Finally for Dystopian Wars - I've started work on the Fighter tokens as well:

These have just had the base painted with Regal Blue, followed by stippled Enchanted Blue. The stippling is more prominent on some than others (and the photos make it look a lot more prominent...)  so I might go back and give the 'darker' ones another go-over. I've not decided what colour to paint the planes themselves, but I'm edging towards red simply to give a complete contrast to the ships, and to provide a completely subtle British military colour....

And now for something not-all-that-completely different - the Steam Tank:

As for yesterday morning, I'd got the basic metal basecoat done. Since then I've repainted the tracks black and that's about it. From here, I'm not entirely sure where to go. Aside from picking out all the rivets in Chainmail (boring...) I'll probably be looking for spots to throw in some colour and just break up the massive chunk of silver. Suggestions most welcome!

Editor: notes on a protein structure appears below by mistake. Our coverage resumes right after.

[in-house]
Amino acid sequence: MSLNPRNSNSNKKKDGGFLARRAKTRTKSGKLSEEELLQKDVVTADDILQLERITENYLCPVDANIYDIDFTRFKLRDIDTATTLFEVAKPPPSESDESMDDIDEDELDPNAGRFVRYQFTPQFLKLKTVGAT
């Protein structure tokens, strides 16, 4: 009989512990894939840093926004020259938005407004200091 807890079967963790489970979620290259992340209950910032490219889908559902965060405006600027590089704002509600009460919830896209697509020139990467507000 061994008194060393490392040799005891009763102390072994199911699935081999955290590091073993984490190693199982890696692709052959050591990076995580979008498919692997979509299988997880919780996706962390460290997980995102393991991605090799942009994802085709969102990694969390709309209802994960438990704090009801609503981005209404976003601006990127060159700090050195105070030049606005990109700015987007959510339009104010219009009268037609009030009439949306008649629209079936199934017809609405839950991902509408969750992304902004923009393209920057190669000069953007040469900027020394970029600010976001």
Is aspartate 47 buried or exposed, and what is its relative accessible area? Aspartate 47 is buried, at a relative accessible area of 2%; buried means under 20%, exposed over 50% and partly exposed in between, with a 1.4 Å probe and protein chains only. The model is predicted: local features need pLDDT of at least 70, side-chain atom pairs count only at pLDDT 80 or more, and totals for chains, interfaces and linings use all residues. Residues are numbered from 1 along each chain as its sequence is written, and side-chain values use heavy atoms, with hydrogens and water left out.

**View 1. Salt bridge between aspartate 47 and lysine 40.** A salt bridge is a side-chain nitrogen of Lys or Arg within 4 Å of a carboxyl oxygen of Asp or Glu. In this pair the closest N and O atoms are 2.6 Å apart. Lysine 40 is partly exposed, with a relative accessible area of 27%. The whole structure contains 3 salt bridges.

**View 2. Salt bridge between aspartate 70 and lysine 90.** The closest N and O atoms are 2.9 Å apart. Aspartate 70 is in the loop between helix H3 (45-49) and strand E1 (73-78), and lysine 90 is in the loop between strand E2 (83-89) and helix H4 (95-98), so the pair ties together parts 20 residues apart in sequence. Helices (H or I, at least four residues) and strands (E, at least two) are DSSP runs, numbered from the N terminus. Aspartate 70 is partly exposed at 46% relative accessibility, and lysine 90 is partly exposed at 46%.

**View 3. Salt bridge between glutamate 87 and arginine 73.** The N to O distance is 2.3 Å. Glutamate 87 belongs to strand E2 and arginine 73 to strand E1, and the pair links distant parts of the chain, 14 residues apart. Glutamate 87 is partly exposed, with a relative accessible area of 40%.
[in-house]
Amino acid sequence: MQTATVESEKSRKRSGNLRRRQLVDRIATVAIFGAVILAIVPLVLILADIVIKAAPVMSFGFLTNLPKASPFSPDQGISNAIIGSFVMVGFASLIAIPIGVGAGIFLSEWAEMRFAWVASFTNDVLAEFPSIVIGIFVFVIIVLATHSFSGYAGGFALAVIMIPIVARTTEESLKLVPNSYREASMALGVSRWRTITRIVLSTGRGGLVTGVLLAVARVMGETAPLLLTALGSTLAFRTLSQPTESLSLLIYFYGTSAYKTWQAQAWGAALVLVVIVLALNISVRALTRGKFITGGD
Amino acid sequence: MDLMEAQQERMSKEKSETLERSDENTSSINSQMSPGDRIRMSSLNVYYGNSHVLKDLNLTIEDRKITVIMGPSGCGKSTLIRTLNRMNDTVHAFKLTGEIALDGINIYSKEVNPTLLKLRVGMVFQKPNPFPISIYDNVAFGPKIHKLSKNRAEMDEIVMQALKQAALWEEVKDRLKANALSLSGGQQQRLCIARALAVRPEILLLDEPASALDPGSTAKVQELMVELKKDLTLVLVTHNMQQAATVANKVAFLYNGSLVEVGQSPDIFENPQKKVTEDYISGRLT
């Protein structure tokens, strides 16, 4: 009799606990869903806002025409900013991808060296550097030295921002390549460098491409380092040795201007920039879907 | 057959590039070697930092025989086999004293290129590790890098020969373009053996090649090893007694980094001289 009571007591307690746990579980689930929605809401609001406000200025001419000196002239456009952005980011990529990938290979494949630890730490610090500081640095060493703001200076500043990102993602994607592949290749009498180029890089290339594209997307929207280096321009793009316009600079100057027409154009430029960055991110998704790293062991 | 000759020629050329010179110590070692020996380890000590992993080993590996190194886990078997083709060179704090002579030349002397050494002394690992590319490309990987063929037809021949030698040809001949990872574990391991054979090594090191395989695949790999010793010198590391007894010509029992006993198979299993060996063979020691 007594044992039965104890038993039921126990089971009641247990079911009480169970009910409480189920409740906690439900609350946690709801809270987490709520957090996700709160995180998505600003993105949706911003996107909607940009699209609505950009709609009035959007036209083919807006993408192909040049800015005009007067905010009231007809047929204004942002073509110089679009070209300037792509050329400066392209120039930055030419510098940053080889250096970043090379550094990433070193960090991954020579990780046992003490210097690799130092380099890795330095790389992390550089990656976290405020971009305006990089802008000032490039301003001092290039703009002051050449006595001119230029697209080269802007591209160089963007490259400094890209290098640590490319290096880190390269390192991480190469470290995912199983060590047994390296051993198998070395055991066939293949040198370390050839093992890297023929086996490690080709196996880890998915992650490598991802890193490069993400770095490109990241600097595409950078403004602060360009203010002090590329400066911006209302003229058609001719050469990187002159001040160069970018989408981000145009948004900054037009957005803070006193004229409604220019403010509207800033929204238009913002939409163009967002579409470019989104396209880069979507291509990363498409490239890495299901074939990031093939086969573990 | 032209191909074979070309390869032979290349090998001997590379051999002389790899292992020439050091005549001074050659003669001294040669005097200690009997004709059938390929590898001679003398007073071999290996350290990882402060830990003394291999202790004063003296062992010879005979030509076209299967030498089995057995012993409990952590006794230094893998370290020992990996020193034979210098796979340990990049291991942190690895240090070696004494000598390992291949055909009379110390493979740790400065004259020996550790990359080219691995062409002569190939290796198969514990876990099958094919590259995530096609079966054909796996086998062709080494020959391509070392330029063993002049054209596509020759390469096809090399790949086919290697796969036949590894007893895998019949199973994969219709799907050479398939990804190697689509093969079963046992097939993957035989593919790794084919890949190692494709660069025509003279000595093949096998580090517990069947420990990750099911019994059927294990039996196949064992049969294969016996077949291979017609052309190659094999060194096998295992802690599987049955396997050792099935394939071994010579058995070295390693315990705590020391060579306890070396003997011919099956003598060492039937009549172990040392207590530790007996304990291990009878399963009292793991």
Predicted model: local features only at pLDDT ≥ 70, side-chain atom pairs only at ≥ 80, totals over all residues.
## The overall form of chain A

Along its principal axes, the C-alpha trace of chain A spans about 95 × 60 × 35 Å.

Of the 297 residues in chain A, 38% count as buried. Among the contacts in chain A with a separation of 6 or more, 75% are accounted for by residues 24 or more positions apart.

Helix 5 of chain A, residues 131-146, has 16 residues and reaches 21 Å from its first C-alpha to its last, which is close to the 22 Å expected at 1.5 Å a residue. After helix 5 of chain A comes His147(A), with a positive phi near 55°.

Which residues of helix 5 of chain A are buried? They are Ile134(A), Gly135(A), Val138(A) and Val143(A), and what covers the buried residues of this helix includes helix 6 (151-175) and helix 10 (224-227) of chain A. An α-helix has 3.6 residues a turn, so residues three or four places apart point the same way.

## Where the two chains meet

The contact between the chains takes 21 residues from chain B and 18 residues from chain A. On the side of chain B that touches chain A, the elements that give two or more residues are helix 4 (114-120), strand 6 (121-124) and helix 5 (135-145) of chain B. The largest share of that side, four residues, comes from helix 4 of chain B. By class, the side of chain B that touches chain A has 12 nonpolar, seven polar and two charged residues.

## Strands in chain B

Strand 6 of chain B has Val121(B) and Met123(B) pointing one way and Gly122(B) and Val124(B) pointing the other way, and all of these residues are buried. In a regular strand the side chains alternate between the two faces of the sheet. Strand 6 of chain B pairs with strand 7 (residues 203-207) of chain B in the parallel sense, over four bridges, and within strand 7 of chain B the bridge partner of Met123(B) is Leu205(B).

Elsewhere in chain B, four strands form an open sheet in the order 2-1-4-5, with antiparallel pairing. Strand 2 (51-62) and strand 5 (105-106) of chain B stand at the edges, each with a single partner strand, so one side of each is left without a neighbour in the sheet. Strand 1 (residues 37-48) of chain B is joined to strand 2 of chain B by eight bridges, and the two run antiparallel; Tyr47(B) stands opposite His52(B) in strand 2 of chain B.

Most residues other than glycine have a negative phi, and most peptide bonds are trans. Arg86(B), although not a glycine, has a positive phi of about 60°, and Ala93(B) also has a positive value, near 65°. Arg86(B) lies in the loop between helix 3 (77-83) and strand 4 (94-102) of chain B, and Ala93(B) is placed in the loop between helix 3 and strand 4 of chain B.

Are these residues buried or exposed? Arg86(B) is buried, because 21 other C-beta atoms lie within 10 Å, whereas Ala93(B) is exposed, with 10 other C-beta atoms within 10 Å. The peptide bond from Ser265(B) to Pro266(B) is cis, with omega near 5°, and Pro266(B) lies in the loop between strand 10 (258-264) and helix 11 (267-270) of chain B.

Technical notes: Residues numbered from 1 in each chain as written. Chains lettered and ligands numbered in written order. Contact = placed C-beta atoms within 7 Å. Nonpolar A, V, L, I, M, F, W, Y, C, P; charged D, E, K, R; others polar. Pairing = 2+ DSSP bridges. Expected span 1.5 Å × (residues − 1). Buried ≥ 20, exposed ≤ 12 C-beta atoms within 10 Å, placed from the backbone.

Friday, 14 October 2011

Hello Sweetie!

And we're done! The TARDIS is all ready to show up in some far flung galaxy:

Overall, I'm pretty happy with it. The hand-painted signs turned out OK, although as the pictures show they're not quite central (typically, the front sign looks the most out-of-position of all four sides...) I'll probably go back at some point and redo it, but for a gaming piece (i.e. designed to be viewed from a distance of a few feet, rather than a few inches...) I think it'll do fine.

In other news, the Steam Tank is now undercoated:

I'll likely start work on that over the weekend, along with continuing with the Dystopian Wars stuff. Talking of Dystopian Wars, I was down the club last night and, aside from a very enjoyable second game of Cutlass (where we still didn't get the rules right!), I picked up a couple of Britannia Vanguard Submarines as well. They look fun to paint, and they shouldn't be too difficult either.

More on those next week!

Monday, 10 October 2011

The TARDIS Takes Off...

...although strictly speaking, I suppose it doesn't really fly. Regardless, work on the TARDIS has begun (hence the "taking off"!)